In June the SKWAWKBOX covered the case of bookmaker JenningsBet, which had warned its staff on the eve of the General Election that their jobs were at risk if they voted Labour, because the party planned to place a cap on ‘fixed odds betting terminals’ (FOBTs). The case raised concerns about the risk of companies exercising undue influence on their employees’ voting intentions.
But FOBTs pose an intrinsic threat, because of their addictive nature that has been referred to as the ‘crack cocaine of gambling’. Jason Haddigan, a recovered gambling addict, and Matt Zarb-Cousin, a former communications director for Jeremy Corbyn and still a staunch supporter of the Labour leader, have joined forces to campaign for the £2 cap on FOBT stakes proposed by Labour to be imposed – or even for the machines to be outlawed altogether:
The sheer scale of the problem is mind-blowing:.
Haddigan refers to FOBTs as ‘evil roulette machines’ – others have called them the ‘crack cocaine of gambling. He was brought up gambling – and conning bookies – by his father. His addiction cost him his marriage and led to him squandering huge amounts of money.
Now he has turned his experience into a book designed to help gambling addicts understand and get free of their addiction and to help others understand the cost of gambling to those hooked on it:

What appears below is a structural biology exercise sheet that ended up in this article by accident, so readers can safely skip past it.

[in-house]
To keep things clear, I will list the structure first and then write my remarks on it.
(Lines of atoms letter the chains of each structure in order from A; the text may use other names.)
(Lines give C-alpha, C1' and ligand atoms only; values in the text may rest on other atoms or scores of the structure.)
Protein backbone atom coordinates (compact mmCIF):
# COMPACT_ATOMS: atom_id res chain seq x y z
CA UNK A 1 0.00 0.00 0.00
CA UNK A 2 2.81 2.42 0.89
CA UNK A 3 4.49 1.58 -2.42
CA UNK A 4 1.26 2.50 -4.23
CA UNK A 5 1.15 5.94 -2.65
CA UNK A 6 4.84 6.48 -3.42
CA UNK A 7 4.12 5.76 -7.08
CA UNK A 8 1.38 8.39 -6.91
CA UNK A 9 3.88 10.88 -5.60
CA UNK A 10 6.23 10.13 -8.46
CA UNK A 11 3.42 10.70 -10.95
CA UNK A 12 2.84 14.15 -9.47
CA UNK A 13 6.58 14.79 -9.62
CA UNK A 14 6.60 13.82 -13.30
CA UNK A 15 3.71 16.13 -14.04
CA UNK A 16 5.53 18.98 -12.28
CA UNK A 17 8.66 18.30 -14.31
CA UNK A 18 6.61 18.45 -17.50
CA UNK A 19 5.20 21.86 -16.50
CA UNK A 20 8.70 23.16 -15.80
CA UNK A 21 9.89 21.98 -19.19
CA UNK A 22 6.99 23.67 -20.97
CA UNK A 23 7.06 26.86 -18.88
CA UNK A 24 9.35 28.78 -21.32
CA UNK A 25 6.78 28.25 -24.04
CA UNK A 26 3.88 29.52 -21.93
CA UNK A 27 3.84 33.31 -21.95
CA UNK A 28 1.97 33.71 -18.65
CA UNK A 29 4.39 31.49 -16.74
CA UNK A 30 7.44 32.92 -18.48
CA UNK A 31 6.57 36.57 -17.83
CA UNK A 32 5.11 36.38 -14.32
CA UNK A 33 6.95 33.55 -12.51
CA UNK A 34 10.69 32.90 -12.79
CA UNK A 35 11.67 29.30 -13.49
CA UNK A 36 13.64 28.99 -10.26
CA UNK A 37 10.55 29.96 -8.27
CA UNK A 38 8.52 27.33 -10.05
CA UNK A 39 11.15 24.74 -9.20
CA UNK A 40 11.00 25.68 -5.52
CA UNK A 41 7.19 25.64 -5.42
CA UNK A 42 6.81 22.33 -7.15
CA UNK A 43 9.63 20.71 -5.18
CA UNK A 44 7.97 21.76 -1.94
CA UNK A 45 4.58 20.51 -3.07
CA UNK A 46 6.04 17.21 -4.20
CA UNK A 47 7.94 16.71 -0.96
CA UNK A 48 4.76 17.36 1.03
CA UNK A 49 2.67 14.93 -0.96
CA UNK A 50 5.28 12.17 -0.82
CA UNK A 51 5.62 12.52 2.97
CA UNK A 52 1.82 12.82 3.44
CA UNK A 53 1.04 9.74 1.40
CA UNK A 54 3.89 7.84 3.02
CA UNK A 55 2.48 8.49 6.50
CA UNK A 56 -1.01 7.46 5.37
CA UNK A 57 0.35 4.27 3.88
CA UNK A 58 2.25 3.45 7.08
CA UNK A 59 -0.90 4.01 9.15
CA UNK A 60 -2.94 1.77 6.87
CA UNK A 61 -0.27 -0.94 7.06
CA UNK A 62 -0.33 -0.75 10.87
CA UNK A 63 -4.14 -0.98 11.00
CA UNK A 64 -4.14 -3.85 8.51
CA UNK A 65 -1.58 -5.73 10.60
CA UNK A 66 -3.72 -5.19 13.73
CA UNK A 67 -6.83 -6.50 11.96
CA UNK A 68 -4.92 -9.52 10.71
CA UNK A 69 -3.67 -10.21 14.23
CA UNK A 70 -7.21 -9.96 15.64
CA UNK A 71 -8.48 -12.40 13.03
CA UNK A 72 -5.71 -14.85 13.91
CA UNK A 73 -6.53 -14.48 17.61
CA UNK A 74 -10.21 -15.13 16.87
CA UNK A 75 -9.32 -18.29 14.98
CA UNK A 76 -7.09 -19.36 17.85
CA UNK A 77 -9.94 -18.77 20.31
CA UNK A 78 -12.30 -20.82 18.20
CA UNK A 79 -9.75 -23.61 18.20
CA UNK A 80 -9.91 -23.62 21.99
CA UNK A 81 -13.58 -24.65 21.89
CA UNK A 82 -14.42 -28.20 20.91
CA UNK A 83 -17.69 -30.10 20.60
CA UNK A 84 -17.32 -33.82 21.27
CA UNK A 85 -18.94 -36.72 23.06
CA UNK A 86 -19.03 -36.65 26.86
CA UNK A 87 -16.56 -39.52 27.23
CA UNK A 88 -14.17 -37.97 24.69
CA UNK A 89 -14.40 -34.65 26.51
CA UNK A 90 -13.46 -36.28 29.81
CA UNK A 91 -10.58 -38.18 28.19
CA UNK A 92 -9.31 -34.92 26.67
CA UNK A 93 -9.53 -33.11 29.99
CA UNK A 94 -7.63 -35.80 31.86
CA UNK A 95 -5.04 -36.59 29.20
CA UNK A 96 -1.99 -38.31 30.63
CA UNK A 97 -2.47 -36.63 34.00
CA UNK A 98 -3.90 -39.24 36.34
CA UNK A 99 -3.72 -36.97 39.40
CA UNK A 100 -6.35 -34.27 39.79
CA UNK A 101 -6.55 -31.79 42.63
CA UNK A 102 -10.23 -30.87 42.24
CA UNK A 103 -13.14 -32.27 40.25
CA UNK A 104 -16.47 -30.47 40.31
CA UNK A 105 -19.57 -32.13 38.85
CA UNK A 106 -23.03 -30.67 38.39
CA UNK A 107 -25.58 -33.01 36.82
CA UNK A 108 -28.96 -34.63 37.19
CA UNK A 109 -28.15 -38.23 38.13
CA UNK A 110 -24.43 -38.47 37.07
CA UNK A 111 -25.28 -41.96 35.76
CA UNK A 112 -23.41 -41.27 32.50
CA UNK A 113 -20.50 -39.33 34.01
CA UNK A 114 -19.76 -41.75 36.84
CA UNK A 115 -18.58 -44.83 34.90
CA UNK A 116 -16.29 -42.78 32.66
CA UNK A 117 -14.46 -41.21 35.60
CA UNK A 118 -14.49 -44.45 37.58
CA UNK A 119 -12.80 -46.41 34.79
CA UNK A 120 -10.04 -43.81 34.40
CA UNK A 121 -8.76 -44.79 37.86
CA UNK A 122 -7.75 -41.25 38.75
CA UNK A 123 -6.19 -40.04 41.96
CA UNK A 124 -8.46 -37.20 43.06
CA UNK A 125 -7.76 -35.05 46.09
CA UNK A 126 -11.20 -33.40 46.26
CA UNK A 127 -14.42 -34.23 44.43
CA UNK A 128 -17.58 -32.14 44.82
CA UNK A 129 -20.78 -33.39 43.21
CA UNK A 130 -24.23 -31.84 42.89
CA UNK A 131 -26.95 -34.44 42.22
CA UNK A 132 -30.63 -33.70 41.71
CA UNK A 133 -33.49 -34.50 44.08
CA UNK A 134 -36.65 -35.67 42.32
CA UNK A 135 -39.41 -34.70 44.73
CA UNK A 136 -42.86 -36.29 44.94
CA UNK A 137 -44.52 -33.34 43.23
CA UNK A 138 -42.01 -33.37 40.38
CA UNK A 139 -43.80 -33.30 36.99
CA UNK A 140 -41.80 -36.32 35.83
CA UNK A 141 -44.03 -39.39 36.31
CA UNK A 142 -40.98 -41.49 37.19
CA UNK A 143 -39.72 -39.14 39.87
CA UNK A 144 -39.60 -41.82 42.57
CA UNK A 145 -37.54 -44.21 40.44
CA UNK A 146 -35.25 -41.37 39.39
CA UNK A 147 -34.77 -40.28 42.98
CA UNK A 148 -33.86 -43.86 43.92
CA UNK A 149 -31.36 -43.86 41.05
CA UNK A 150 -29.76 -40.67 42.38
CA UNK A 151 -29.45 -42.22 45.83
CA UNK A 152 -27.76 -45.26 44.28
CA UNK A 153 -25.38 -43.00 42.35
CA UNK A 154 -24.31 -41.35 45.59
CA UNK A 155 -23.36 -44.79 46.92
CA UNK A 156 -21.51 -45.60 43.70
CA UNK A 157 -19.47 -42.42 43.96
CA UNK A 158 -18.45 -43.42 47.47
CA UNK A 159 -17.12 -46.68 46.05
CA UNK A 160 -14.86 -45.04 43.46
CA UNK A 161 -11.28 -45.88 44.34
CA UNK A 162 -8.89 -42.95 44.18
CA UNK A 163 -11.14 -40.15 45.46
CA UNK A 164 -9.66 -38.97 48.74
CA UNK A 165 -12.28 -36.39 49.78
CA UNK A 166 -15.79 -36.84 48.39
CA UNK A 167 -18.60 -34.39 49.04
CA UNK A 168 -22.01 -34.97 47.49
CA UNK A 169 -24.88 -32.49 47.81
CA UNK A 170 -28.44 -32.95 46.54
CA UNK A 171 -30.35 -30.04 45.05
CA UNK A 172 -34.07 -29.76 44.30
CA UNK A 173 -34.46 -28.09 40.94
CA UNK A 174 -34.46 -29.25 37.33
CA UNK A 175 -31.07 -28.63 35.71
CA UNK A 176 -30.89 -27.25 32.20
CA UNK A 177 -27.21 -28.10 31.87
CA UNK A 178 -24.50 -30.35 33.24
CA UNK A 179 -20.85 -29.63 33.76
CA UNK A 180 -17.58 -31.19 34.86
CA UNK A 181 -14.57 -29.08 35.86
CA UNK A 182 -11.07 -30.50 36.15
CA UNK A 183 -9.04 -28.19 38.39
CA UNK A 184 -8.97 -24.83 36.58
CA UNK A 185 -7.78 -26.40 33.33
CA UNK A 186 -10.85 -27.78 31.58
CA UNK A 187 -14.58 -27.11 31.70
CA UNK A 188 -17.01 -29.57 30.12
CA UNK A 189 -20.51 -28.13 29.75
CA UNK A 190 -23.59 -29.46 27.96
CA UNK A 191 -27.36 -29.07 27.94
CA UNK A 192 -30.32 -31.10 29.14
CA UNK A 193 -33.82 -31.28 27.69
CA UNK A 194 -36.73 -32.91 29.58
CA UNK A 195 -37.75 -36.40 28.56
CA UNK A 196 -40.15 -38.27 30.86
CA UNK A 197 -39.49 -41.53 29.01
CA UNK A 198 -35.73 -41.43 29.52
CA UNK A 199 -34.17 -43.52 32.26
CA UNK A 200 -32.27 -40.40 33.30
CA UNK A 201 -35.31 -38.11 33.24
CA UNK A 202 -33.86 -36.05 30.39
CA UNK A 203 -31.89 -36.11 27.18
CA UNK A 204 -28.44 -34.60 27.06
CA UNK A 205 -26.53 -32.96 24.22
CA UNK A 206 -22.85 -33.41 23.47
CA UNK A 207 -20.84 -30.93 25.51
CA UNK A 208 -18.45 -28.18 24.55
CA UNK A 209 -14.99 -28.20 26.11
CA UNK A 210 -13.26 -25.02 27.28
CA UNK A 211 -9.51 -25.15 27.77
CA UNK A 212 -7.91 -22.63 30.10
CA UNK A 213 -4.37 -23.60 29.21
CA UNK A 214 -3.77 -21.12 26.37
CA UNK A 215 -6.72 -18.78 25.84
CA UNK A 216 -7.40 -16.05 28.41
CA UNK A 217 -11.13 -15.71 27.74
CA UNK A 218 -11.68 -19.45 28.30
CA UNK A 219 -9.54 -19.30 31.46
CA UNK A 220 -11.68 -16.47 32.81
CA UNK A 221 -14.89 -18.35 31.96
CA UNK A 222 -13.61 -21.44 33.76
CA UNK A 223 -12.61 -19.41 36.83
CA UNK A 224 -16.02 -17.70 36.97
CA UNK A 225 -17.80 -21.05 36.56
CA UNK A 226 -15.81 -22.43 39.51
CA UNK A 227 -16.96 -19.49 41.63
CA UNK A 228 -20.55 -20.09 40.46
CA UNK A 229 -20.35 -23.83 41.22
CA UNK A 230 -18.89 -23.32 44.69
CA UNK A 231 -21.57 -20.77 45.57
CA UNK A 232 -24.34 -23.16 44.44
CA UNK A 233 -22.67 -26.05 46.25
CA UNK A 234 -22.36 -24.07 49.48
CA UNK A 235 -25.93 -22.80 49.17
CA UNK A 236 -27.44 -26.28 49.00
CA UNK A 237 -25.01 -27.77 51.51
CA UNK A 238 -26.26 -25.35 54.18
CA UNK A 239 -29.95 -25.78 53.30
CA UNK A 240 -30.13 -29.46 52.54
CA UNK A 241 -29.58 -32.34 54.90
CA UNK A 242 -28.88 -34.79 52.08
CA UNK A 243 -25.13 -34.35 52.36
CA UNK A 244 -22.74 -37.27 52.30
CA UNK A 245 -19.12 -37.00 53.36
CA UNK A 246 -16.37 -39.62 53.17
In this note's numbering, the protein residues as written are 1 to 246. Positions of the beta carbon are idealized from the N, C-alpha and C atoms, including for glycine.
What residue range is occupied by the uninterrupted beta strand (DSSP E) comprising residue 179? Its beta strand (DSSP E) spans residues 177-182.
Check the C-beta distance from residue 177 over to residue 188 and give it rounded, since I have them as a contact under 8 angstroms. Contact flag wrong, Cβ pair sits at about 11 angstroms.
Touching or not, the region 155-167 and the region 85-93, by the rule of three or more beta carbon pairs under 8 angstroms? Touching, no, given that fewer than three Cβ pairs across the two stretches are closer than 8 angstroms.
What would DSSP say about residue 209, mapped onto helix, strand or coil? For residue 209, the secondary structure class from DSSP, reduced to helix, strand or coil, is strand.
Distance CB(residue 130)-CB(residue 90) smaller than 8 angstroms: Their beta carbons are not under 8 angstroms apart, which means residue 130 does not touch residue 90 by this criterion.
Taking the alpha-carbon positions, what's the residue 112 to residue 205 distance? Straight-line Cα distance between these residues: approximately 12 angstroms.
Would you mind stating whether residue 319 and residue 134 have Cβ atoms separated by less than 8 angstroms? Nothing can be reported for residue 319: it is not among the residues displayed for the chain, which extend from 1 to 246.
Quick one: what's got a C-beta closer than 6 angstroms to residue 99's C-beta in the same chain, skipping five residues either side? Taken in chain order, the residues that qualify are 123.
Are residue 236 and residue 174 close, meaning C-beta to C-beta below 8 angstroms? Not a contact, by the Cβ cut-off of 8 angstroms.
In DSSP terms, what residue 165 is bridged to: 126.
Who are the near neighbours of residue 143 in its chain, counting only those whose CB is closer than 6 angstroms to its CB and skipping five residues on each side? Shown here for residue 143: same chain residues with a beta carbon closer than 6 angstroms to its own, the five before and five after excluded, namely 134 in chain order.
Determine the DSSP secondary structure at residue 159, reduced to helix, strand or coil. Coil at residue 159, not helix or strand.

Several political parties are in agreement about the need to reduce the cap on FOBT stakes to £2 – but Chancellor Philip Hammond wants to scrap a review of FOBTs and their effects, as Haddigan relates with disbelief in one of his many short videos on the evils of the machines:
But a ray of light has appeared on the horizon with the news that one of the UK’s largest betting companys, Paddy Power Betfair, has indicated it could welcome a cap, possibly the first crack in the industry’s wall of resistance to the idea in spite of the Tories’ obvious readiness to ignore the wellbeing of millions of people:
News which Haddigan welcomed in typical exuberant style:
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